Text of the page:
The Great Designer Search 2: In Pursuit of Elegance – 02

There’s less than 24 hours until the Great Design Search’s first round of contestants find out whether or not they’re advancing, or getting the chopping block. I don’t know how I’ll be doing, to be honest – I have confidence in my capabilities as a wordsmith, and think I’m on the right track more often than not with the questions, but even if the gross majority of the field suffers severely from Sturgeon’s Revelation (better known as Sturgeon’s Law), just taking the first GDS contest’s entries into account, that still leaves Wizards with ~110 “decent,” “good” or “genius” entries to sift through.

The population of Magic players has only grown. The community has only matured more. And, this time, people are prepared. For all I know, this may be the last GDS2-related blog entry I’ll be making – at least, as a participant.

However, the die has not yet been cast. And so some thoughts on why I disagree with Patrick Chapin about whether or not Cascade was a “punt” answer on the essay questions – namely, thoughts that take more than 250 words to express (I’m never short for words – usually the other way around. Yes, I can be a windbag at times – at least, if a keyboard’s in front of me).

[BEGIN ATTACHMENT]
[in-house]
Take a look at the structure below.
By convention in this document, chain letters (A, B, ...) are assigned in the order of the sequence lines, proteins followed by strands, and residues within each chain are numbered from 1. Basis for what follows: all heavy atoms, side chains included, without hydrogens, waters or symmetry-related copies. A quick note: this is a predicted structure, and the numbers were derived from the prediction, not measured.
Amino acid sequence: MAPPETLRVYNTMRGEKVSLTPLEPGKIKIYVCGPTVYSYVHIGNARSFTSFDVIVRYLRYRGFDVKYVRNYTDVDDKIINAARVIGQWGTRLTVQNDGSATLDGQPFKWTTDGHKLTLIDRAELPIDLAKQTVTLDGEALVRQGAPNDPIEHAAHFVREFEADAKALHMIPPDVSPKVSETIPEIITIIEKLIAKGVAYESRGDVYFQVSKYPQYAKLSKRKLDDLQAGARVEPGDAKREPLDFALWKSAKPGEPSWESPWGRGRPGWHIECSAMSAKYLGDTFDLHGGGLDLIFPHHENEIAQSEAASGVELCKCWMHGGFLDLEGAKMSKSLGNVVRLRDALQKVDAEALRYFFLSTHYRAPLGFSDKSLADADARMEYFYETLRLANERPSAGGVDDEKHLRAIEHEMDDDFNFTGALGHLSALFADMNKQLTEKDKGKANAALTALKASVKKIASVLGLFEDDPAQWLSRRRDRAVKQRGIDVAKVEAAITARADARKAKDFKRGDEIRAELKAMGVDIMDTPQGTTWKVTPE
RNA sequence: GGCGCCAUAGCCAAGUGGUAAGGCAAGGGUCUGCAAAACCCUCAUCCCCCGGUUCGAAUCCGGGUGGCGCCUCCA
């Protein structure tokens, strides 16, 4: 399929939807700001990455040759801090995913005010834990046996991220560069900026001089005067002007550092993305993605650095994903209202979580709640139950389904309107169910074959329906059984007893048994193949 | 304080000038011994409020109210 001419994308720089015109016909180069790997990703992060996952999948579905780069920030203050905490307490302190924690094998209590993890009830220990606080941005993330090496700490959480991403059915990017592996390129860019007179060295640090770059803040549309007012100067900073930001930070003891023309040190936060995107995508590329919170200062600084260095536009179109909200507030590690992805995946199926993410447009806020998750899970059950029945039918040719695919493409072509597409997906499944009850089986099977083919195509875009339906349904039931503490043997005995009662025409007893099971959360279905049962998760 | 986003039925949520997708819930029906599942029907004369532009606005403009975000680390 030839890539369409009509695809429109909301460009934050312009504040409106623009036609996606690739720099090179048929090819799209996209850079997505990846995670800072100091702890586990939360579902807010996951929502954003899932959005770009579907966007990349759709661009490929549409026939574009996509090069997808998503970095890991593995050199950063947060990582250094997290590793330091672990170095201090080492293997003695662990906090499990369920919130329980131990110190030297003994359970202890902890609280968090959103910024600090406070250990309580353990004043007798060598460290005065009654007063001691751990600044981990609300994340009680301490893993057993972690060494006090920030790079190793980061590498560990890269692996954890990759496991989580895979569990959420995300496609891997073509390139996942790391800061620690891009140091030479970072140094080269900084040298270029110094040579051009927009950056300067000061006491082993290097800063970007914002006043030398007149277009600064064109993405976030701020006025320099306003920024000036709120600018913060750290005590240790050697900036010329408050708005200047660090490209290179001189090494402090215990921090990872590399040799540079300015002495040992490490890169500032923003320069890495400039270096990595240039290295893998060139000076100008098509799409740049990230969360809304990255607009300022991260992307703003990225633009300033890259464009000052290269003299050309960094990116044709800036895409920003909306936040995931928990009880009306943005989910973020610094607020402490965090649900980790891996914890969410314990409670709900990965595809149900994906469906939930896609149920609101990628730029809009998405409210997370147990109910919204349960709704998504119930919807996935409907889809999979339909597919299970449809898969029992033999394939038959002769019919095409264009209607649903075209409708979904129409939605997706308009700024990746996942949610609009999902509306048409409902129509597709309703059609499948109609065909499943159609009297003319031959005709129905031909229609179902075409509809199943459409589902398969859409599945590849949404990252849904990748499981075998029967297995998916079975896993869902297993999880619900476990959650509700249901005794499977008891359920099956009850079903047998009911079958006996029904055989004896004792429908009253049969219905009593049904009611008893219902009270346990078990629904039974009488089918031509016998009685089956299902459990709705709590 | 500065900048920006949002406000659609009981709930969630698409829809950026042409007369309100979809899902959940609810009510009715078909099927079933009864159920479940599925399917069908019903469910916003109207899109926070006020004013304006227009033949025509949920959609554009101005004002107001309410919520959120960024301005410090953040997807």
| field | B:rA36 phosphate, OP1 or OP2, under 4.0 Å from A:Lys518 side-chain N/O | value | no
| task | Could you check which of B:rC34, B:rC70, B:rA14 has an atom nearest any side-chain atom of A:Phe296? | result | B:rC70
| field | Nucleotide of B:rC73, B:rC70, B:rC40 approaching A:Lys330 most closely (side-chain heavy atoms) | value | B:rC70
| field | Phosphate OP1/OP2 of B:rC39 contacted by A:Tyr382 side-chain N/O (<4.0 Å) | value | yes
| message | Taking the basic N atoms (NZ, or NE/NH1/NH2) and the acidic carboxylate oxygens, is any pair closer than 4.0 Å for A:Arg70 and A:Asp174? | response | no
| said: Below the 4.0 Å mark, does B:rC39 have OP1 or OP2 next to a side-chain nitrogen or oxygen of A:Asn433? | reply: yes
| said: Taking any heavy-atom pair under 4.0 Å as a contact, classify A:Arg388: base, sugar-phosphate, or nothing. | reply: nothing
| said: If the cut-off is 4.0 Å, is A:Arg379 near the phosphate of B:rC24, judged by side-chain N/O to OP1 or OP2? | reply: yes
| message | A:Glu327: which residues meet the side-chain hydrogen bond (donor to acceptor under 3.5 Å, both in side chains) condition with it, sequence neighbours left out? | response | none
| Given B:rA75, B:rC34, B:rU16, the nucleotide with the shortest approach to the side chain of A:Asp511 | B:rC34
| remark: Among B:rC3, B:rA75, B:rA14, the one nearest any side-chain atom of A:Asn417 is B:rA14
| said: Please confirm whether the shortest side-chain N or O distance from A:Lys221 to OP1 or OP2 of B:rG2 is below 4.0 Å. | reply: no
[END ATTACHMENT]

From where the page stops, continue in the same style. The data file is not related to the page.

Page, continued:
The first thing that needs defining is the conceptual rupture between “OMG WORST MECHANIC EVAR” and what is simply a bad one. This is an IMPORTANT first thing, really, and something that I don’t think most contestants will get – also something Chapin possibly needs to expound upon more. A bad mechanic is merely one that is either functionally irrelevant (Chroma – you can literally delete the mechanic name, and it’d be fine as-is, versus Metalcraft, which if written as “Creature has Ability X so long as it has Metalcraft,” cannot operate without Metalcraft being explained. Chrome can’t even decide how many lands it wants involved.), barely above flavor fluff (Chroma), or punishes usage of the card (Chr- no, actually, Islandhome. Islandhome sucks so bad). They’re annoying to see when you crack open a pack. They can be made into gamebusting mechanics, as Chapin demonstrates with Chromapotence. But the general, public reaction to them is one big, fat, huge “Meh.